We do a lot of fundraising. We apply for grants. We try to be inclusive as possible. But we're always constantly balancing that. This is why we spend tons of money on financial aid because equity and access is important.

When my family says, "What are you doing?" I say, "I'm out on the road raising money so that I can have equity and access to have scholarships for students who can't afford a Simmons experience."

You look at the world, and I'm so grateful for philanthropists such as MacKenzie Scott and Melinda Gates for giving money to colleges because they understand access is important.

Michael Krigsman: It's a constant balance, essentially.

Lynn Perry Wooten: It's a constant balance of raising money, thinking about the tuition coming in, and how we can stretch our money and fundraise money to provide access and equity for people who can't afford it, especially a small school like Simmons who is tuition-dependent and with a smaller endowment.

Michael Krigsman: We have another question again from Arsalan. Arsalan is amazing.

Lynn Perry Wooten: I love Arsalan's questions.

Michael Krigsman: He asks the greatest questions. He says, "In the corporate world, sometimes politics takes over meritocracy. How do you teach students to understand and manage politics?" It's such a great question. I'm thinking I'm still trying to figure that one out myself.

Lynn Perry Wooten: There are multiple ways we do this. This is why the liberal arts become so important and the professional education.

We do it through case studies to teach politics. We do it through novels and films and the humanities. But we also want our students to be engaged as political citizens of the world to understand how they can be empowered to be everyday leaders for systems change.

How do you manage and navigate politics? There are a lot of things we do at universities. We teach conflict management. We teach dialog, emotional intelligence (as you said, Michael), and how to read the room.

When I used to teach the organizational behavior class, and you may have seen this, I would use the movie 12 Angry Men. Have you seen that movie, Michael?

Michael Krigsman: Yes, it's a great movie.

Lynn Perry Wooten: I would teach that to my students to understand the political dynamics in this juror room and how the main character was able to issue sell. He was able to work the room. He was able to use the data to manage the politics to make sure that social justice and equity prevailed.

Michael Krigsman: We have another question, and this time it's from Lisbeth Shaw who says, "How do the principles that you describe in your book Arrive and Thrive apply to faculty and administrators in achieving the goals of the university?"

Lynn Perry Wooten: The principles that we have really apply to any industry and any person, even though I know it's targeted for women. But on the university side especially, I can speak about faculty since that's what I've been the majority of my life and I work a lot with assistant and associate professors. We talk about how you bring your best self to work.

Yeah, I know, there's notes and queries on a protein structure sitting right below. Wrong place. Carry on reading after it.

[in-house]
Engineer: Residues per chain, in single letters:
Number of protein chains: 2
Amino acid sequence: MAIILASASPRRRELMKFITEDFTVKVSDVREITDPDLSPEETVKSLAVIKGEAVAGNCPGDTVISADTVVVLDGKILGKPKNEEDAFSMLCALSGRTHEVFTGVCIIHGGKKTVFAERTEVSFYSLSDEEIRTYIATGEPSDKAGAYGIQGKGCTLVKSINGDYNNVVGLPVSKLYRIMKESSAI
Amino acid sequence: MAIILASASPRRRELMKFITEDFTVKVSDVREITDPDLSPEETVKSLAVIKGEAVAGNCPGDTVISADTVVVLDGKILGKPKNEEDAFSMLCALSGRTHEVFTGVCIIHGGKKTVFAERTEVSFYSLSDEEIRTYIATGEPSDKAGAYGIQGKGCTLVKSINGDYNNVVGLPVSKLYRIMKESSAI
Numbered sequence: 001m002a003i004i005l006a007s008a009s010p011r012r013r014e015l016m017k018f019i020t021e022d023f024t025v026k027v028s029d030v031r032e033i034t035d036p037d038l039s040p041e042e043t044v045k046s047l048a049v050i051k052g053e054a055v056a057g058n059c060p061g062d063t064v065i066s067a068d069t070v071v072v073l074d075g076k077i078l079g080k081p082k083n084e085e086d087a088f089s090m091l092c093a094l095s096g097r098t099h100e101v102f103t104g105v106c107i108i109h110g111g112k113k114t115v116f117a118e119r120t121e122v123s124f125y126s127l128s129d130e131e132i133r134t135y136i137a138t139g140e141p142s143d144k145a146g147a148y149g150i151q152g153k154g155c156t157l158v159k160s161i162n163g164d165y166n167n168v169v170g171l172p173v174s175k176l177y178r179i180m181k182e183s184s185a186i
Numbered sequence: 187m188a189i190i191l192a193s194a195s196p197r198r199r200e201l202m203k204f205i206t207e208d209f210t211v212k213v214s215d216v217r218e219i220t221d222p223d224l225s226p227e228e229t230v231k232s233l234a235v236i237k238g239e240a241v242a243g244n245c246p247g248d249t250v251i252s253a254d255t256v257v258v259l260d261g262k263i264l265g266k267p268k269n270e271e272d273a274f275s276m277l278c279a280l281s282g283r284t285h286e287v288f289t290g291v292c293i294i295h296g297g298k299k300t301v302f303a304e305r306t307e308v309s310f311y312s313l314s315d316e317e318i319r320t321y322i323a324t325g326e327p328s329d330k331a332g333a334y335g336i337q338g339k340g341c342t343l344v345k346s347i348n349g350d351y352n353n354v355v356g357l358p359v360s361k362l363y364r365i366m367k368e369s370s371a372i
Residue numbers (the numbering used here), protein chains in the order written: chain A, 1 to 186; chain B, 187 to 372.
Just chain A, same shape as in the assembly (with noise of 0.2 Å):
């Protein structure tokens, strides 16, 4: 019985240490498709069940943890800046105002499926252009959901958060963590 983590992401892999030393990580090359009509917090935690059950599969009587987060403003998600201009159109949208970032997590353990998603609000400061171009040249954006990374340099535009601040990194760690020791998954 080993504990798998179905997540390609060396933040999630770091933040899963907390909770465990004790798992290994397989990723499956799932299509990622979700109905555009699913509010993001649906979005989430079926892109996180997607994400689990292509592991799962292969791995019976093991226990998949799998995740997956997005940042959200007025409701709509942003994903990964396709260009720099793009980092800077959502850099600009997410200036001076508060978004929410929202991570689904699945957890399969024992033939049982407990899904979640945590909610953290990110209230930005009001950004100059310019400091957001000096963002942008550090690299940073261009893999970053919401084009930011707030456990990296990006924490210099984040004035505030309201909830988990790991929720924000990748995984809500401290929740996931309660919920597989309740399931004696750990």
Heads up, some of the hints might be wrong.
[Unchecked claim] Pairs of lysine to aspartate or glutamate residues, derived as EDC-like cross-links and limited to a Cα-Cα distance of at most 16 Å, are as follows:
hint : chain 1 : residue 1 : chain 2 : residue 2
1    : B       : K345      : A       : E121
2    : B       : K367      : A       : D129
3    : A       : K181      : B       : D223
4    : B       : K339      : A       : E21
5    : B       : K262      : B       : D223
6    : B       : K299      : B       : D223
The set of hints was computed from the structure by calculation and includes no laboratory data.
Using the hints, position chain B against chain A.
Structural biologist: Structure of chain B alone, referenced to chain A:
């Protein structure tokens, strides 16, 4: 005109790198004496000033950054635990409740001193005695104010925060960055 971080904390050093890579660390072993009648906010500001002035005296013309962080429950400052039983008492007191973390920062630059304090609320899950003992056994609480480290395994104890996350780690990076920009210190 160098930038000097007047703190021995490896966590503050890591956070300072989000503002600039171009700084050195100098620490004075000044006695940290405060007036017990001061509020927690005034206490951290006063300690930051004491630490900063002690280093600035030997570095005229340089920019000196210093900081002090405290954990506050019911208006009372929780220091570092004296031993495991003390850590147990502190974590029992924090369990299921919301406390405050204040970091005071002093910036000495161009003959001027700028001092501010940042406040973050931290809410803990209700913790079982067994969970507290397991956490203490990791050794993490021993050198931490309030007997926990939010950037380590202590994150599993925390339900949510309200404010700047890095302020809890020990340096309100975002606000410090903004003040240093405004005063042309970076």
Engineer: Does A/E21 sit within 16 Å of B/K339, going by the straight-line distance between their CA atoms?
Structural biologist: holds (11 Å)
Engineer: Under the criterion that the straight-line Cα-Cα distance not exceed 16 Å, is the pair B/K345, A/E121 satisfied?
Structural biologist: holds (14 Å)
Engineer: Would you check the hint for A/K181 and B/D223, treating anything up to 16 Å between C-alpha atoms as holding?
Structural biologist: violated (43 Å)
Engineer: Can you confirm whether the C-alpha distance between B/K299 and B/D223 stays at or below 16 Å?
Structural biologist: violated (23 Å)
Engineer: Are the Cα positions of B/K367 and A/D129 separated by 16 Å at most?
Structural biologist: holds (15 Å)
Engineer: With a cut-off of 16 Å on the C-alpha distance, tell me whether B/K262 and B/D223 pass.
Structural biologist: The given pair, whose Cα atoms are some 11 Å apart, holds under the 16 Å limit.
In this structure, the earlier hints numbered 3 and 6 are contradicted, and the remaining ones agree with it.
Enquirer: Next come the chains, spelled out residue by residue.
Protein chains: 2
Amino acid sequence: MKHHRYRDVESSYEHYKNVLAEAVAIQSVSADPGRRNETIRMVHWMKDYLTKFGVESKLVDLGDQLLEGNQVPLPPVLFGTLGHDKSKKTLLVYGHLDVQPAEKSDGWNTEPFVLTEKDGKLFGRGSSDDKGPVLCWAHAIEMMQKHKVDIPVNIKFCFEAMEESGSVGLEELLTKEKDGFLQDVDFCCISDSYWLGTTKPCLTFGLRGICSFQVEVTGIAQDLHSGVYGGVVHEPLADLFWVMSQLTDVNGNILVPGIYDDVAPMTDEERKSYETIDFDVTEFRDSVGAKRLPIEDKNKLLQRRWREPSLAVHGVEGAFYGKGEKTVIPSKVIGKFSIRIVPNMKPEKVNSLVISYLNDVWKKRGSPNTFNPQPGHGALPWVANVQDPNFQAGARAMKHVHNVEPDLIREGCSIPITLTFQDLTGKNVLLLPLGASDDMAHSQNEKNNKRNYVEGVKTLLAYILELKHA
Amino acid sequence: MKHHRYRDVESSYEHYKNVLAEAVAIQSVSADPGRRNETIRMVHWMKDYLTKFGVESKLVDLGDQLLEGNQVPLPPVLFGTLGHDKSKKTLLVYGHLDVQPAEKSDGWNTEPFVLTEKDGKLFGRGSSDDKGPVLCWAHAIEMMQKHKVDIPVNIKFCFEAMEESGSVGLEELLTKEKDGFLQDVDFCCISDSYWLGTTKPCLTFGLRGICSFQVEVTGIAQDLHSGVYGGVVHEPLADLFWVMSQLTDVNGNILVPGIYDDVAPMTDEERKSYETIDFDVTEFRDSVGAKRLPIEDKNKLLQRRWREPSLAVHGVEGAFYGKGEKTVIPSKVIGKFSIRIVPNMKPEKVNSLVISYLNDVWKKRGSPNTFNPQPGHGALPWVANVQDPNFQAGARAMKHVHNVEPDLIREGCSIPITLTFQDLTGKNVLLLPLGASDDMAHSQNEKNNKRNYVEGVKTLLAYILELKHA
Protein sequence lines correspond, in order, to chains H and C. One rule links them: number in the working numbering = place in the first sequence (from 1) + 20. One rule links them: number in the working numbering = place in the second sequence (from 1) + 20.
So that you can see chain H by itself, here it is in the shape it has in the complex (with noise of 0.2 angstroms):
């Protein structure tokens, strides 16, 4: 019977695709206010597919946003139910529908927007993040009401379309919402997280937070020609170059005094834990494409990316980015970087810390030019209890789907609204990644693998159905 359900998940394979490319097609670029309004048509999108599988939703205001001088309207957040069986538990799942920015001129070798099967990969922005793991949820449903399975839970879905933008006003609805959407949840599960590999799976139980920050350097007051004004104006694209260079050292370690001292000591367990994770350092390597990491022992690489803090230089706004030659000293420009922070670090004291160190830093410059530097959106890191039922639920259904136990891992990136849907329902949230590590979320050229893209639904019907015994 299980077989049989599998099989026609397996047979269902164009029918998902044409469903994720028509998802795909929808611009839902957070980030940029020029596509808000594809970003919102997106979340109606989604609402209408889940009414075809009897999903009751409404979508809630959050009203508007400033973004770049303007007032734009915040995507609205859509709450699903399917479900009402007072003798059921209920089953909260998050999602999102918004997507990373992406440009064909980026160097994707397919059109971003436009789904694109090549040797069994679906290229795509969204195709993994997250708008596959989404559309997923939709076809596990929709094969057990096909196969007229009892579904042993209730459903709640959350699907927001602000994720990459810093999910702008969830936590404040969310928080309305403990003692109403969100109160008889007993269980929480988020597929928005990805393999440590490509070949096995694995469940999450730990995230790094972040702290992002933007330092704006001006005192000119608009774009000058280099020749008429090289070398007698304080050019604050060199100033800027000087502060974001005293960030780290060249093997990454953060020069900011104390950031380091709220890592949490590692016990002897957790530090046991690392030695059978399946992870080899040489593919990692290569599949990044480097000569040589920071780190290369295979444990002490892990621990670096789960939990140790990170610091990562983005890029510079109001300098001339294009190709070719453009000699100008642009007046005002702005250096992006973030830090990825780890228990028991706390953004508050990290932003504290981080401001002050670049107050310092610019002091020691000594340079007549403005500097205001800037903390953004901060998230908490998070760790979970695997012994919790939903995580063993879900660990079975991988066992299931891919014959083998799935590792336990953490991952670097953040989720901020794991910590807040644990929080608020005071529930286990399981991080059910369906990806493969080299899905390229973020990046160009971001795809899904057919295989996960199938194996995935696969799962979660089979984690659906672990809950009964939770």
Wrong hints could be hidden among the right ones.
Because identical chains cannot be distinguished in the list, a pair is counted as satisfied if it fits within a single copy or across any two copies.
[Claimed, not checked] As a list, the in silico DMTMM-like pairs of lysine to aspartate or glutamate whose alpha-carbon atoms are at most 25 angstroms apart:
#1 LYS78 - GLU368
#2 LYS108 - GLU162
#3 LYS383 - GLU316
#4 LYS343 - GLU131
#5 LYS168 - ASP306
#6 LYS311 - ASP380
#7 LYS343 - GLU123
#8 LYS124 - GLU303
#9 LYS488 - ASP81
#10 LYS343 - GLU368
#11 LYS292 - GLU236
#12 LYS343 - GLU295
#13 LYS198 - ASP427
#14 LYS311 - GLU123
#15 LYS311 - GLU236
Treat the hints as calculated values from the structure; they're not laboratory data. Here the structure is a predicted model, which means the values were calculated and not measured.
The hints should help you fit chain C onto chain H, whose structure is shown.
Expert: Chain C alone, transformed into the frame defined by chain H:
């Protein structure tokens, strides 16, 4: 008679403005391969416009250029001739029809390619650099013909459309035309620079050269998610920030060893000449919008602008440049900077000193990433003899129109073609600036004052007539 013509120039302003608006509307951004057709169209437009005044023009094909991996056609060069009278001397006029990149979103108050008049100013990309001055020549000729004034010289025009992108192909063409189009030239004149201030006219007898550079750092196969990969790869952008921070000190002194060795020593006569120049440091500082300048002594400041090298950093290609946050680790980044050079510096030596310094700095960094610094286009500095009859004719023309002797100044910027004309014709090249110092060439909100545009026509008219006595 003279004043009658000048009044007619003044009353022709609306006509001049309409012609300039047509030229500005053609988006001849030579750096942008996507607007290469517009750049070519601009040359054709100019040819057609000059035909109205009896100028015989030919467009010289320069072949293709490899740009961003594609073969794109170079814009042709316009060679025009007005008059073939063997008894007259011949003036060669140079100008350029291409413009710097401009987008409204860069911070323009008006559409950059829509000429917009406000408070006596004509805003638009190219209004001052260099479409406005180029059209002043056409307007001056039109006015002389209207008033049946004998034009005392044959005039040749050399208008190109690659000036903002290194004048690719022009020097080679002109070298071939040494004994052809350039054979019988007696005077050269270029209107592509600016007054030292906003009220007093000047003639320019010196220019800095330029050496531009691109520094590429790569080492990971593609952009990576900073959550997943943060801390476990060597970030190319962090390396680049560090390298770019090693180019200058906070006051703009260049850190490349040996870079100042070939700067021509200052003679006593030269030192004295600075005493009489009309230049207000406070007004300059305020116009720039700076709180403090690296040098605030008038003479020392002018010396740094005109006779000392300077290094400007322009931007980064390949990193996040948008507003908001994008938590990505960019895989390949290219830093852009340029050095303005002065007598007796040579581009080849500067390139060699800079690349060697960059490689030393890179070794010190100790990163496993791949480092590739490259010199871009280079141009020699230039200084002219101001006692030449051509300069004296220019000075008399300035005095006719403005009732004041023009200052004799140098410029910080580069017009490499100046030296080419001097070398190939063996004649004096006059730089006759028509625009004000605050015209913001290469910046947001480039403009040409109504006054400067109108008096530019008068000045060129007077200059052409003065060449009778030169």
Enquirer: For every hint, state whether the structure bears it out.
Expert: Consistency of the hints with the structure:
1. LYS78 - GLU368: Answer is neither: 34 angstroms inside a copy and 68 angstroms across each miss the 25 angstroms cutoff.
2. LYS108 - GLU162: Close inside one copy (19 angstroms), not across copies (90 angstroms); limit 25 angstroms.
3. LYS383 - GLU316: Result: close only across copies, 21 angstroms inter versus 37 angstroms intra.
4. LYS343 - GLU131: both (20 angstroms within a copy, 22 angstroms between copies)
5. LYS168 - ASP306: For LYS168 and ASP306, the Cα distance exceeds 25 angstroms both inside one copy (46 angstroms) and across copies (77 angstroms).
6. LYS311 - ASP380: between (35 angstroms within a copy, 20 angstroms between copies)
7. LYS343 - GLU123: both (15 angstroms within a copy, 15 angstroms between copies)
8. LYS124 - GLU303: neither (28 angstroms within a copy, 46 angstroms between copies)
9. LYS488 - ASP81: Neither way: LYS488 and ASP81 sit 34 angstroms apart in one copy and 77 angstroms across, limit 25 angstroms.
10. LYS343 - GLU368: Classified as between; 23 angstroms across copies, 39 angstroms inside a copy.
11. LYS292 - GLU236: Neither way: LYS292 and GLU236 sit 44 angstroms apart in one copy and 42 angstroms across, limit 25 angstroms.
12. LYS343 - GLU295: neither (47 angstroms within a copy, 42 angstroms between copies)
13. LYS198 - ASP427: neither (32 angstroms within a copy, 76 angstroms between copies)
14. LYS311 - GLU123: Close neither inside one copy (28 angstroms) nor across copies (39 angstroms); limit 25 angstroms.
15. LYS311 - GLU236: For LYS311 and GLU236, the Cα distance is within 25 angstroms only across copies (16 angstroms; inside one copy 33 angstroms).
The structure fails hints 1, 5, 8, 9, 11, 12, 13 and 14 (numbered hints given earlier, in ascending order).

I was just on a panel yesterday. We said you have to work at a university that fits with who you are and what you want to accomplish. There are teaching universities and research universities. The university, on the administrative side. It's very important that I create a space that people feel inclusive and that they can be authentic.

Let's go to resiliency. I've been saying that the three Hs had to reinvent themselves because of the pandemic: healthcare, hospitality, and higher education. Part of it is faculty and staff at universities, before the pandemic, we took our time with organizational change. Then all of a sudden, we had to shut down our universities and go online.

Part of what I do as a university leader is working with my faculty and staff to be resilient. The world is constantly changing now, and so how can we provide educational experiences, research, and services that the world values? That's resiliency. The principles definitely apply to higher ed, too, and having a vision.

Michael Krigsman: Lynn, as we finish up, do you have any final thoughts on education and final thoughts on how you lead Simmons?

Lynn Perry Wooten: I want all of you to think about the role that higher education has in your life and, hopefully, how you continue to contribute.

How does that happen? One, be committed to being a lifelong learner. Go back to your alma mater. Be a philanthropist to your alma mater or university to do to that.

Think about it. America is known for higher education. Other than the military, there really aren't a lot of institutions who help people transcend from adolescence to adulthood.

When you think about higher education and the experience, think about that's our unique place in society. That's what the institutions of higher ed do, and that's why I have such a great job.

Valuing the role of higher education in society, and I want all your viewers to be lifelong learners and life-wide learnings. Go back to college and take a class or do exec ed or something.

With regard to leading a university and arriving and thriving, I think my thing is I'm really committed to everyday leaders. The way I lead Simmons is I try to show up and be my best self and empower others to be their best selves so we can advance the mission of higher education.

I've been talking a lot about Boston, and I know you live in the Boston area also. This notion of when you look at inequities such as the wealth gap and health disparities and education, higher education can play such a role there and closing those gaps. That's one of the things I also want to do, closing those gaps so that we have a more just society.